A federal judge told lawyers involved in a major medication abortion case last week that he did not want to publicize plans to hold a hearing in the case because of a “barrage” of death threats and other harassment that has been directed towards his courthouse, according to a transcript obtained by CNN of a private status conference.
US District Judge Matthew Kacsmaryk, on a teleconference with the attorneys on Friday, said: “This is not a gag order but just a request for courtesy given the death threats and harassing phone calls and voicemails that this division has received.”
The judge did not say where the threats came from.
“We want a fluid hearing with all parties being heard,” the judge added. “I think less advertisement of this hearing is better.”
At Wednesday’s hearing, Kacsmaryk will be considering a request for a preliminary injunction sought by the plaintiffs, anti-abortion doctors and medical associations that are asking him to block the Food and Drug Administration’s approval of a drug used in medication abortion.
During the Friday teleconference, he said that he would put a public order scheduling the hearing on the public docket on Tuesday, the day before the Wednesday morning hearing in Amarillo, Texas.
“To minimize some of the unnecessary death threats and voicemails and harassment that this division has received from the start of the case, we’re going to post that later in the day,” Kacsmaryk said, according to the transcript. “So it may even be after business hours, but that will be publicly filed.”
“Other elements of this case have brought a barrage of death threats and protesters and the rest. I don’t want that to disrupt your presentation to the court,” the judge told the attorneys on the call.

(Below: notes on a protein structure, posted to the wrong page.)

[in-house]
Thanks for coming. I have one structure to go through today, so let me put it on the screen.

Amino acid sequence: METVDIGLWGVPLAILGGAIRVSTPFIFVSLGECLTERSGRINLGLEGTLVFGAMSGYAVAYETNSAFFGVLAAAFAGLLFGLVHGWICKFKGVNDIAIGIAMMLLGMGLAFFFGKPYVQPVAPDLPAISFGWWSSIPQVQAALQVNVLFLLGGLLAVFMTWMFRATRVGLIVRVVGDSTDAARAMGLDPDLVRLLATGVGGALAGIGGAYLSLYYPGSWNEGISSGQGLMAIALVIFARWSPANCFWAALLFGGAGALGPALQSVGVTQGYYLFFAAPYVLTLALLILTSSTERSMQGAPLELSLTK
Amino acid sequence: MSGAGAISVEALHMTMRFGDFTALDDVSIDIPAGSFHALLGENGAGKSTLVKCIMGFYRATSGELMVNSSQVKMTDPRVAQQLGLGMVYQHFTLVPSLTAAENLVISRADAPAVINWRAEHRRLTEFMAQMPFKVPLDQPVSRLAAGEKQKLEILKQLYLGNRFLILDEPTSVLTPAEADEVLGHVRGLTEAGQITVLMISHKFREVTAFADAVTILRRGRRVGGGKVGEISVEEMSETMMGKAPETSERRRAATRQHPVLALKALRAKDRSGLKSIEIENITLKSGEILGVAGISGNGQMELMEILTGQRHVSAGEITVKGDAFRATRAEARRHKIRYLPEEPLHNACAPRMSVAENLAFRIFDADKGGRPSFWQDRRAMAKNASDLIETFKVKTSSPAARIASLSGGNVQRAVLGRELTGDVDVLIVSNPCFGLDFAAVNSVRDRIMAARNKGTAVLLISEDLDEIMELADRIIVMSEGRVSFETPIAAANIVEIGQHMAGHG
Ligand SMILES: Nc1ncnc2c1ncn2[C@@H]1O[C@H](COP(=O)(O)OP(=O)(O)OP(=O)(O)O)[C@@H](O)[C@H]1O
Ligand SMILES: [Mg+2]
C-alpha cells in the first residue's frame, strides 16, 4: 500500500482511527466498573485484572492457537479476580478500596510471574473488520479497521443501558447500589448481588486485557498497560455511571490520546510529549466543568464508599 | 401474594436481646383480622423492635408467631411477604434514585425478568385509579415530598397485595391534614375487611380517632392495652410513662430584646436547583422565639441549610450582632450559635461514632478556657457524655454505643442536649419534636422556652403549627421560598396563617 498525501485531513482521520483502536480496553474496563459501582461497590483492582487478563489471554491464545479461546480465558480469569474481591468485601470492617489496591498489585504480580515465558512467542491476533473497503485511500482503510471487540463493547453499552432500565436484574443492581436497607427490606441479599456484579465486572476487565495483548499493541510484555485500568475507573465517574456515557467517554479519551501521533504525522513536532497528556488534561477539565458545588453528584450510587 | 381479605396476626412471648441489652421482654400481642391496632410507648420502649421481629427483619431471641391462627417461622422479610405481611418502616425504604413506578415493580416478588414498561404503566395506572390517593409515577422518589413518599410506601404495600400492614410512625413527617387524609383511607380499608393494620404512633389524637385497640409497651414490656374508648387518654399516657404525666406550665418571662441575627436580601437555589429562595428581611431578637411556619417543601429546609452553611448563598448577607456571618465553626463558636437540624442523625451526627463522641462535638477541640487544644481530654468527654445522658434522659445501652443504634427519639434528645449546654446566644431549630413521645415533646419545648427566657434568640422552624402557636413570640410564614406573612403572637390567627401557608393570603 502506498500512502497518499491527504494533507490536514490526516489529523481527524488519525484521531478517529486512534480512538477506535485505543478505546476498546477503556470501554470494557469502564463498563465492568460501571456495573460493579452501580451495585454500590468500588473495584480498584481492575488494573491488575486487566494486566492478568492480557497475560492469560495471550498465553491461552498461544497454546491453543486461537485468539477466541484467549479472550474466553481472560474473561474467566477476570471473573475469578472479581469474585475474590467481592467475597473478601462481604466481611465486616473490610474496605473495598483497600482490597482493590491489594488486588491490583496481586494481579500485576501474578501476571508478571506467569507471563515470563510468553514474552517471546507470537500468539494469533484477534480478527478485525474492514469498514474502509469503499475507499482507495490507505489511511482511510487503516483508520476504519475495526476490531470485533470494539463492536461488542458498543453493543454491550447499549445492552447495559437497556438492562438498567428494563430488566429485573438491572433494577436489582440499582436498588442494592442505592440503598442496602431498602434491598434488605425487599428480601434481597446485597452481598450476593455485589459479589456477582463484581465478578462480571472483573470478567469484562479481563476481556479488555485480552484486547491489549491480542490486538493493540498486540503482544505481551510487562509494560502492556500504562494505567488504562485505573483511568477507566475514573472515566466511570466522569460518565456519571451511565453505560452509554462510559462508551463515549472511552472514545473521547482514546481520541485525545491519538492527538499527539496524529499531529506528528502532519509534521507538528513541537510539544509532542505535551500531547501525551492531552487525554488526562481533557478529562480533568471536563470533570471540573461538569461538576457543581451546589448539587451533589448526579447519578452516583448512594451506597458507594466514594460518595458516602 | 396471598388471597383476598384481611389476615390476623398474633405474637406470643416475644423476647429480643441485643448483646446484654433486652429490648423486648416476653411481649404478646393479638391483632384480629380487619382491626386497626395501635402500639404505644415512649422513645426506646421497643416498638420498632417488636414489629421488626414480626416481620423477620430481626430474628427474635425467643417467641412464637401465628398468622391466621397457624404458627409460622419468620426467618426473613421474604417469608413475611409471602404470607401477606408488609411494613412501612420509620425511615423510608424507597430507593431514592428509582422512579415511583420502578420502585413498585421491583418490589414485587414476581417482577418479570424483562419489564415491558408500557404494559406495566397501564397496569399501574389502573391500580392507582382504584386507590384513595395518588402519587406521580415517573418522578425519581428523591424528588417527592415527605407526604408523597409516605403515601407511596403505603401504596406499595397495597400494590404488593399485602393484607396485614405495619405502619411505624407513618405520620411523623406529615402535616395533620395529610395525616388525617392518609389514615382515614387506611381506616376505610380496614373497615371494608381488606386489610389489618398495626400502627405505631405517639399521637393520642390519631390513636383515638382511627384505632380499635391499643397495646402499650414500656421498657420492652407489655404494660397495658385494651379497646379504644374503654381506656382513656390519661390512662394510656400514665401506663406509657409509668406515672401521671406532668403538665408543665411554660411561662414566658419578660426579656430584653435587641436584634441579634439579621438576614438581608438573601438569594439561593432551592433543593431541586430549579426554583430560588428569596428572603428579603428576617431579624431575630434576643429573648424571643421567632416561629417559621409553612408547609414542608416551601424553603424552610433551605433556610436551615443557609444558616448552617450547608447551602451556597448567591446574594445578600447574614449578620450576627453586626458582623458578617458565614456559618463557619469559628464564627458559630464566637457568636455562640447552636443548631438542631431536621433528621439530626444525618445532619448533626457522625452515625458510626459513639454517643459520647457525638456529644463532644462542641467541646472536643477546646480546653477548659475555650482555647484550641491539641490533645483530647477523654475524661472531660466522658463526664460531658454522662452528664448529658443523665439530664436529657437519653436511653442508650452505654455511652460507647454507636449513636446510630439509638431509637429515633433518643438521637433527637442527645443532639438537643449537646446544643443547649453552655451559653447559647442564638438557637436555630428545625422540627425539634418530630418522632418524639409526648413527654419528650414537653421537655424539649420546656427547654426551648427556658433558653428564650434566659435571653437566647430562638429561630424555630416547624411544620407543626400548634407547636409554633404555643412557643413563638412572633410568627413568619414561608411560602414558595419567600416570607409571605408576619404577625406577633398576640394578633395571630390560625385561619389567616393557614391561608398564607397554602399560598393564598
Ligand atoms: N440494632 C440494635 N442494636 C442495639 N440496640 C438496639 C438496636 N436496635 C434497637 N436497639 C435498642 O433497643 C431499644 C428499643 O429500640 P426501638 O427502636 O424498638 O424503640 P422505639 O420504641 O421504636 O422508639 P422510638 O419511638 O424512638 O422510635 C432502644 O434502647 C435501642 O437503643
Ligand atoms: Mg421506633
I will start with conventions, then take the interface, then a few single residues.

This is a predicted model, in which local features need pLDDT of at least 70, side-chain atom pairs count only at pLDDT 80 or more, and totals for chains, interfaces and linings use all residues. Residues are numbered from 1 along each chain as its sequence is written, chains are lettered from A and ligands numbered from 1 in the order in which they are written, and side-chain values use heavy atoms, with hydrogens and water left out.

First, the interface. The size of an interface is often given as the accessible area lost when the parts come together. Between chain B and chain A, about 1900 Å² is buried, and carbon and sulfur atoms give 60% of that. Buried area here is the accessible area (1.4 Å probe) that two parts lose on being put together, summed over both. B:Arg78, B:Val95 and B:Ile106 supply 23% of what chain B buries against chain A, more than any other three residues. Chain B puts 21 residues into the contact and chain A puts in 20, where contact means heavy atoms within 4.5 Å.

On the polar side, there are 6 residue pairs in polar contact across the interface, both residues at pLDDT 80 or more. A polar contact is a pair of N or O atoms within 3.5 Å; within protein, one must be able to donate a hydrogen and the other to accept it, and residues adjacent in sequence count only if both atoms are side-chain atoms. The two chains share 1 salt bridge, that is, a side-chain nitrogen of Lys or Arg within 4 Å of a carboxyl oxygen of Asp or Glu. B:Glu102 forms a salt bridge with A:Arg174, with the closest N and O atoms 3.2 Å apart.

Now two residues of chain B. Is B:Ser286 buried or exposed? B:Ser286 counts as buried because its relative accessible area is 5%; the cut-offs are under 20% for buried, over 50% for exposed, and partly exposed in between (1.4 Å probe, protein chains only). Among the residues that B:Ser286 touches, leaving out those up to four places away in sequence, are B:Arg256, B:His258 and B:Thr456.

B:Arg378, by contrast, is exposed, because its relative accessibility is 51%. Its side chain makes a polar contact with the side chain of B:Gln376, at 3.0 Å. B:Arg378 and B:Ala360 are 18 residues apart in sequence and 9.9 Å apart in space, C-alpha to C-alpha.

Kacsmaryk’s effort to delay the hearing plans from becoming public was first reported by The Washington Post on Saturday, and prompted a public outcry from media outlets and legal experts who said that the effort undermined the principles of judicial transparency. He ultimately posted the scheduling order for the hearing to the court’s docket on Monday afternoon, as well as a docket entry for the Friday call.
During the call, Kacsmaryk assured the attorneys that the normal courthouse security protocols will be in place for Wednesday’s hearing, but he asked that the attorneys “not further advertise or Tweet any of the details of this hearing so that all parties can be heard and we don’t have any unnecessary circus-like atmosphere of what should be more of an appellate-style proceeding.”
The case concerns a challenge brought by anti-abortion doctors and medical associations to the federal government’s 2000 approval of a drug used to terminate pregnancies. Medication abortion is the most common method of abortion in the United States.
If the judge grants the request to block access to the drug nationwide, it could make the pills harder to obtain even in states where medication abortion is legal.